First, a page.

Archives: Air quality (general)

 

Payne-Sturges 2004 - "Personal Exposure Meets Risk Assessment: A Comparison of Measured and Modeled Exposure and Risks in an Urban Community"

Payne-Sturges, Devon C; Burke, Thomas A.; et al.
"Personal Exposure Meets Risk Assessment: A Comparison of Measured and Modeled Exposure and Risks in an Urban Community"
Environmental Health Perspectives
April 2004; v.112, n.5; pp.589-598
On the Web
Relevance: low

The authors measured personal exposure, indoor concentrations, and outdoor concentrations of VOCs in South Baltimore, an area near chemical industries and an interstate highway. They found that personal exposure was generally higher than indoor concentrations, which were higher than outdoor concentrations. The authors report these concentrations and the associated cancer risks. Their main goal was to compare their measured estimates to estimates from the ASPEN model.

 

Levy 2000 - "Particle Concentrations in Urban Microenvironments"

Levy, Jonathan I; Houseman, E. Andres; et al.
"Particle Concentrations in Urban Microenvironments"
Environmental Health Perspectives
November 2000; v.108, n.11; pp.1051-1057.
On the Web
Relevance: medium

The authors measured particulate matter indoors and outdoors in seven microenvironments (subway, bus, restaurant, hospital, gymnasium, museum, store) in Boston. Particle counts for PM 0.3-0.5 were generally higher inside the subway and bus than outdoors, but lower inside the store, hospital, and museum. Particle counts overall were higher inside the subway and bus than outside.

 

Wong 2004 - "Assessing the Health Benefits of Air Pollution Reduction for Children"

Wong, Eva Y; Gohlke, Julia; et al.
"Assessing the Health Benefits of Air Pollution Reduction for Children"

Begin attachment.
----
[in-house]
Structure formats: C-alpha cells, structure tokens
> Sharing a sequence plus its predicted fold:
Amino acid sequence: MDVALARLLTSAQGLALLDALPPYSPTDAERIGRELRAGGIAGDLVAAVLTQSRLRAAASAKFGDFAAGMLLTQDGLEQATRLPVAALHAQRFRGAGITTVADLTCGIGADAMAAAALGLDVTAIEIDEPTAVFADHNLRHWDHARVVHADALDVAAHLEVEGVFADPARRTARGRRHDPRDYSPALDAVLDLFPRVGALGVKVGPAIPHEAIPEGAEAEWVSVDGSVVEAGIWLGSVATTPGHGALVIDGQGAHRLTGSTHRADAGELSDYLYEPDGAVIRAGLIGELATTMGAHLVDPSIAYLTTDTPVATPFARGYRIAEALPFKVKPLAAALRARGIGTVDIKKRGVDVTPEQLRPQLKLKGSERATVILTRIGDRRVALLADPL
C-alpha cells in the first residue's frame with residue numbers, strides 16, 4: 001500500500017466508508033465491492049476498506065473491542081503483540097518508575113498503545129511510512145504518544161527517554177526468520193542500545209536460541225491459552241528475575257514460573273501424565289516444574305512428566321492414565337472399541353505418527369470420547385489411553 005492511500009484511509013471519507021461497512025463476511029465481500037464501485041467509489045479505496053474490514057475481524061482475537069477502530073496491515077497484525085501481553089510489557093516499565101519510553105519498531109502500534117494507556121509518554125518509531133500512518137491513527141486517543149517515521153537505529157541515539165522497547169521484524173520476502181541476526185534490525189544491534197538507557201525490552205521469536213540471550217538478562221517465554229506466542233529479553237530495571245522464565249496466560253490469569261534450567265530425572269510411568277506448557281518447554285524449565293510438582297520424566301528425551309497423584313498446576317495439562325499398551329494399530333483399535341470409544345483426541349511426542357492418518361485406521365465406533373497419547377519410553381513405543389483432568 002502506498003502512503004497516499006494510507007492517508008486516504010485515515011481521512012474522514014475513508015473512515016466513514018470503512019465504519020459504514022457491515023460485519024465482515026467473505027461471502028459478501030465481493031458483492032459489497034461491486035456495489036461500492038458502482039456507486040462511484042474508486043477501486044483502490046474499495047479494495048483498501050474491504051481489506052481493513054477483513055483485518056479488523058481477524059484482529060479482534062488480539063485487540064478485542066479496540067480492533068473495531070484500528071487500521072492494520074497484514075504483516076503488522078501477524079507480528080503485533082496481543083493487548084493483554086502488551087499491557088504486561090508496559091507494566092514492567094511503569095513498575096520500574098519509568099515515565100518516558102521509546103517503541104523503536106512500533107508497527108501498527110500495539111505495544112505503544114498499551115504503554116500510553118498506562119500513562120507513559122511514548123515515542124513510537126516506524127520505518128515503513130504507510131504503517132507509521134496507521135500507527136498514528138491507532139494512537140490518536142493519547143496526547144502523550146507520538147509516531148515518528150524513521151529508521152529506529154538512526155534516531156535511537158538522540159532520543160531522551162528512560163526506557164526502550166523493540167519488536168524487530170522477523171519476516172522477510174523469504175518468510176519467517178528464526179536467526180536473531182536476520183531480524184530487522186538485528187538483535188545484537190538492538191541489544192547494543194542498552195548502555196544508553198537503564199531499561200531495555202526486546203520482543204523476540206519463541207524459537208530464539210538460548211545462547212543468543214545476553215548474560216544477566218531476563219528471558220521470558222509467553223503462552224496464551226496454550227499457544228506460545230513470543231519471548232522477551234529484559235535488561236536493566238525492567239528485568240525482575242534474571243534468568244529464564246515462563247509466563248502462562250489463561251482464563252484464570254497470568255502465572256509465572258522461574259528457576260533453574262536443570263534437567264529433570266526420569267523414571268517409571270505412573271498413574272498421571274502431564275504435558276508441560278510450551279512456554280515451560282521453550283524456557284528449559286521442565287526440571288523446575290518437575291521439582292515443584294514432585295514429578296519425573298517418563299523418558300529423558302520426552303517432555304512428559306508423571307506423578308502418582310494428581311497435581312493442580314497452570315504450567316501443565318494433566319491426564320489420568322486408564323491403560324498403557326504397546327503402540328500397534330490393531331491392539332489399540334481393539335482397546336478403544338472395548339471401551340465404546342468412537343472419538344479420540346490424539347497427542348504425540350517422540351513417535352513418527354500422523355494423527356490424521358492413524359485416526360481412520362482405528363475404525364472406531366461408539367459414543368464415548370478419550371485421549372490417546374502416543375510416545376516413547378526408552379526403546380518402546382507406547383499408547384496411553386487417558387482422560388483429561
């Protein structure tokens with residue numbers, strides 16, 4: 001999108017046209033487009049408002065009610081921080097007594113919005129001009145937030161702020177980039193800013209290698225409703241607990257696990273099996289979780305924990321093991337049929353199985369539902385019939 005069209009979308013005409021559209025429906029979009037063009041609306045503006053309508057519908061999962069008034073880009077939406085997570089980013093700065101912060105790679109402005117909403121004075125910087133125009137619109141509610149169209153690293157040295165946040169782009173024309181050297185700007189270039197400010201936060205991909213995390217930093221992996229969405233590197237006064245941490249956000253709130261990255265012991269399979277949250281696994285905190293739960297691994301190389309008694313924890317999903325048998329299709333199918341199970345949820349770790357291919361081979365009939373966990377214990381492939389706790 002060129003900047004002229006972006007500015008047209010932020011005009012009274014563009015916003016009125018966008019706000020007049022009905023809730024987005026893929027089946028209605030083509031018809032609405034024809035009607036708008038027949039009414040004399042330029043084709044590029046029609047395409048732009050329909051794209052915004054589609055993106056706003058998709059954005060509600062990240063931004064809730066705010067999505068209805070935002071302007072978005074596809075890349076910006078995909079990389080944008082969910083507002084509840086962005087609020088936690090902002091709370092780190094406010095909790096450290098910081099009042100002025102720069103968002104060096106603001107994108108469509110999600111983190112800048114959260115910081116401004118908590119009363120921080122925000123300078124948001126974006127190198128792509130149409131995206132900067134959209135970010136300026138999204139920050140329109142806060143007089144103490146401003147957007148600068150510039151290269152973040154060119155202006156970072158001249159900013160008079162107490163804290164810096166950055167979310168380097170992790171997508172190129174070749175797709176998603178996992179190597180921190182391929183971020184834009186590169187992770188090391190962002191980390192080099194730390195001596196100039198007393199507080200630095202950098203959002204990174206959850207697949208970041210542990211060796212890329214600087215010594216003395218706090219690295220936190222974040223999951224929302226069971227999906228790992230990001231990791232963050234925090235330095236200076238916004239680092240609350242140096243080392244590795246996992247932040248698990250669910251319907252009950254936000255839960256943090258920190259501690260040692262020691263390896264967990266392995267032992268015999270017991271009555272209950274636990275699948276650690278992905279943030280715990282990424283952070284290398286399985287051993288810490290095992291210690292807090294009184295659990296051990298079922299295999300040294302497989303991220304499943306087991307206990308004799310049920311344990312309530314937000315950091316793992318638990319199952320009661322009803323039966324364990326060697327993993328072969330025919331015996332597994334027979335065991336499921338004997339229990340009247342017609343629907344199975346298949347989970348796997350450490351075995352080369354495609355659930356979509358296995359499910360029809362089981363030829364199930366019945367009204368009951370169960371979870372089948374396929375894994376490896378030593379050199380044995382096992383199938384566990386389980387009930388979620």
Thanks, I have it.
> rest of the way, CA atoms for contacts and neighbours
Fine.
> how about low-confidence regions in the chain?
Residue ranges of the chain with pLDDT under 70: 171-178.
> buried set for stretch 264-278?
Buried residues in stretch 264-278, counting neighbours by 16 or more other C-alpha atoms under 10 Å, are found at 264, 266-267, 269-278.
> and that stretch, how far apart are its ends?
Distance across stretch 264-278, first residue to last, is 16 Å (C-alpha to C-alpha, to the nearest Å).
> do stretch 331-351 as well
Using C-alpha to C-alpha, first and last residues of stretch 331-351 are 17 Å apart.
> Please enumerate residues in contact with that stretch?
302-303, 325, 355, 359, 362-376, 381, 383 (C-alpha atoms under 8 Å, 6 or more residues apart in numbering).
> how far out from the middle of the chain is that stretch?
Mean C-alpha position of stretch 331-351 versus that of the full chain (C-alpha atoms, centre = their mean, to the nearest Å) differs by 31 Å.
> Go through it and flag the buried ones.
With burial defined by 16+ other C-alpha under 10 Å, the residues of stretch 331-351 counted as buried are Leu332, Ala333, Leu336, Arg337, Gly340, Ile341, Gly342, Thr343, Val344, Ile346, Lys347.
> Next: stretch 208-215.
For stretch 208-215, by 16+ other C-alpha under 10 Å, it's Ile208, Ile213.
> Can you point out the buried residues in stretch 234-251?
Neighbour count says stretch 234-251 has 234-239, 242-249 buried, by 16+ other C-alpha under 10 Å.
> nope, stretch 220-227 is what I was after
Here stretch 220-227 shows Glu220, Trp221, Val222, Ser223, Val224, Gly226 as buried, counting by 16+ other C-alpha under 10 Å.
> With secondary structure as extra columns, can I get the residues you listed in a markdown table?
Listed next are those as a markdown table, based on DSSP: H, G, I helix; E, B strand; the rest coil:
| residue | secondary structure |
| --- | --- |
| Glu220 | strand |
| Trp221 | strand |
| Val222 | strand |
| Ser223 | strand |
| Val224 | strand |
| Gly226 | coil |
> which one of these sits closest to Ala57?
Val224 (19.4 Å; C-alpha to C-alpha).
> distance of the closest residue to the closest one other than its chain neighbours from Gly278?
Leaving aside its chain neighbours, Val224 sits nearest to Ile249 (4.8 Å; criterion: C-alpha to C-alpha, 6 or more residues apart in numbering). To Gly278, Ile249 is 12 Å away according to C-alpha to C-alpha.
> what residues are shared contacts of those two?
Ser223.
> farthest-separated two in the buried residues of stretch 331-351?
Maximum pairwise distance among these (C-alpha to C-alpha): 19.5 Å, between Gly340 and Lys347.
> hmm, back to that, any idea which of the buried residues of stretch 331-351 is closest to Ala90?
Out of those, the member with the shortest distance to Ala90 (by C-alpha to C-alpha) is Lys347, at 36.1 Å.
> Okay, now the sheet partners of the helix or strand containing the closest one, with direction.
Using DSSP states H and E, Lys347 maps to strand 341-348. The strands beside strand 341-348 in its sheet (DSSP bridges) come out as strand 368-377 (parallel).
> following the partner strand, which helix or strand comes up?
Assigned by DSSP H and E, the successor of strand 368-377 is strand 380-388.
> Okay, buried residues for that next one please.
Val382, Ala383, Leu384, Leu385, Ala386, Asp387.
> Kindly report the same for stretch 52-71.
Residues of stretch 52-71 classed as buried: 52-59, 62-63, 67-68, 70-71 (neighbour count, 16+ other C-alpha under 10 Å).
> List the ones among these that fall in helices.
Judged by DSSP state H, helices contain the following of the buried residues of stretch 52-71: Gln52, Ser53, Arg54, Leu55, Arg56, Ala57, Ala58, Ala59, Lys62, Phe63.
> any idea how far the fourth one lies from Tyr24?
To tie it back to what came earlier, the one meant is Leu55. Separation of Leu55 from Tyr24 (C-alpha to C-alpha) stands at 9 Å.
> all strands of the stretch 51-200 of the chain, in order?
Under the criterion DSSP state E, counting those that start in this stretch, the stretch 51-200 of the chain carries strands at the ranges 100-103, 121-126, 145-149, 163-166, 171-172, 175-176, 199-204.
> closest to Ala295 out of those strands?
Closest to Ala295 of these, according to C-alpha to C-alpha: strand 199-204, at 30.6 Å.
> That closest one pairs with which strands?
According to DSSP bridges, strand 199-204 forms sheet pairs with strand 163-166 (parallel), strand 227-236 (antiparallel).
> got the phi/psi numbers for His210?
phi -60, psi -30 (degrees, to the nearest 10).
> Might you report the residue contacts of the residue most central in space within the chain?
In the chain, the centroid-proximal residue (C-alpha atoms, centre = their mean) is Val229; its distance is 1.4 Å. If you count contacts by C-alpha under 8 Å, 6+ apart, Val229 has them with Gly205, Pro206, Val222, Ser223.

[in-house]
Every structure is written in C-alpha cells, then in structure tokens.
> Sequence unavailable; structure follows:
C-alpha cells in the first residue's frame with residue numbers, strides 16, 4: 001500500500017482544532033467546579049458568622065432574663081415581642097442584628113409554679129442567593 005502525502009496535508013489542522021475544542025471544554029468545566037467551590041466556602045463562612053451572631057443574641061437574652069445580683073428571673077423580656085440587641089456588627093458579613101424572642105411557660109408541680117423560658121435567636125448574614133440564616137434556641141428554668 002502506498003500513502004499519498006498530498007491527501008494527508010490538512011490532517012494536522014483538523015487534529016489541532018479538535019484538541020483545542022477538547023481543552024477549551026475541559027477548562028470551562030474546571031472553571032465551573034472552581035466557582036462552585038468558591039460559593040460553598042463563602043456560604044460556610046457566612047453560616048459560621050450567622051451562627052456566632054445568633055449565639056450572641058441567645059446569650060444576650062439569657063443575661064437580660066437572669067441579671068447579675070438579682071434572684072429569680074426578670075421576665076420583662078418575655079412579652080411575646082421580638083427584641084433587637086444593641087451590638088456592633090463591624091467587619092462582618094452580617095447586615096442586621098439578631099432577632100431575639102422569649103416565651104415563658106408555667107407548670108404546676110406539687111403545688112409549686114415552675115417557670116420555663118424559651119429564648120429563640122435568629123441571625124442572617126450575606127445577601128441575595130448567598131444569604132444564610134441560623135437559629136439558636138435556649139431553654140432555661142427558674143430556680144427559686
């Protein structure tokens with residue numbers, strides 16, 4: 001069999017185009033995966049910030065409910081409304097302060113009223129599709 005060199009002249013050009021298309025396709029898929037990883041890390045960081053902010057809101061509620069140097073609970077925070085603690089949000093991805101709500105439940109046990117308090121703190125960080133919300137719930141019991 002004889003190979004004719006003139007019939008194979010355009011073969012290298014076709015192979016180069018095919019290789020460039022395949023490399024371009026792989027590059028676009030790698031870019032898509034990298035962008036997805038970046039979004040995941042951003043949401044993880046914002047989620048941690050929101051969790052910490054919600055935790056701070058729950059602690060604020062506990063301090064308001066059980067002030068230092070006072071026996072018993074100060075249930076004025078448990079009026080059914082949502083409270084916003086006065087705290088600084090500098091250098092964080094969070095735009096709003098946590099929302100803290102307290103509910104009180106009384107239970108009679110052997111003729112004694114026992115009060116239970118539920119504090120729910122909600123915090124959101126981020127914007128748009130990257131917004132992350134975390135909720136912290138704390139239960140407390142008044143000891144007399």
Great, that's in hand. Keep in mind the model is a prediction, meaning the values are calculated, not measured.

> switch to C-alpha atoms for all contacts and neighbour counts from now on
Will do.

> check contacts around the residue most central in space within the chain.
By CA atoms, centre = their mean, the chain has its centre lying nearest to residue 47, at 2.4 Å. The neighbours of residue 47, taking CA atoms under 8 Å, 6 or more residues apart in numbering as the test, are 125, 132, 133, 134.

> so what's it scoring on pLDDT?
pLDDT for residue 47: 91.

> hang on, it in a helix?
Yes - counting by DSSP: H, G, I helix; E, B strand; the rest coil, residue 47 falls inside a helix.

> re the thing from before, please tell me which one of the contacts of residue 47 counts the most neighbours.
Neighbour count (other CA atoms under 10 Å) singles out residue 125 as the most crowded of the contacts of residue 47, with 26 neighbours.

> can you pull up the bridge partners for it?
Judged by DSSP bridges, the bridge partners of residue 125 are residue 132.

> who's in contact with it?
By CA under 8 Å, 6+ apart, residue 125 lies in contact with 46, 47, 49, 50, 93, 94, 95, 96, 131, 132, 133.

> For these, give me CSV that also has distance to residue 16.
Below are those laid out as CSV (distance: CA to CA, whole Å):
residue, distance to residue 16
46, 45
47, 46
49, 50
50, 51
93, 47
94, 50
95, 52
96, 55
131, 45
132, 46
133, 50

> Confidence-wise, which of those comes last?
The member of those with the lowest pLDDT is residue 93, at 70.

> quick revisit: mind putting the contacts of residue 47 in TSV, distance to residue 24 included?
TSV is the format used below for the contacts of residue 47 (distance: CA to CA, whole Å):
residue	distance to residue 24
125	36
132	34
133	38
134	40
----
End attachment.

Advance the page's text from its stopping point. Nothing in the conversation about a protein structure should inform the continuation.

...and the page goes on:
Environmental Health Perspectives
February 2004; v.112, n.2; pp.226-232
On the Web
Relevance: low

The authors estimated the health and economic benefits to children of reductions in criteria air pollutants (except lead) due to the Clean Air Act from 1990 to 2010. They estimated a savings of $1-2 billion from fewer hospitalizations, emergency room visits, school absences, and low birth weight. The also estimated a savings of $0.6-$100 billion from decreased mortality.

 

PSCAA 2003 - "Final Report: Puget Sound Air Toxics Evaluation"

Keill, Leslie; Maykut, Naydene
"Final Report: Puget Sound Air Toxics Evaluation"
Puget Sound Clean Air Agency and Washington State Department of Ecology
October 2003
On the Web
Relevance: high

In this preliminary study, PSCAA measured and modeled exposure to outdoor air toxics in 6 locations around western King County, including Beacon Hill, Lake Sammamish, and Seatac. They estimated cancer risk using several methods, including one that takes into account commuting. They also seem to suggest that it may not matter much what macroenvironment you live in (i.e., Beacon Hill vs. Lake Sammammish): "Concentrations, and corresponding risks, were relatively consistent among areas measured and modeled throughout the Puget Sound region. Although some differences were apparent, overall it is clear that the sites and the region as a whole have similar emission sources of concern (e.g., diesel particulate matter, mobile-source-related VOCs, and probably woodsmoke)." Smaller geographical scale factors (busy road, factory, cleaning products) are not accounted for.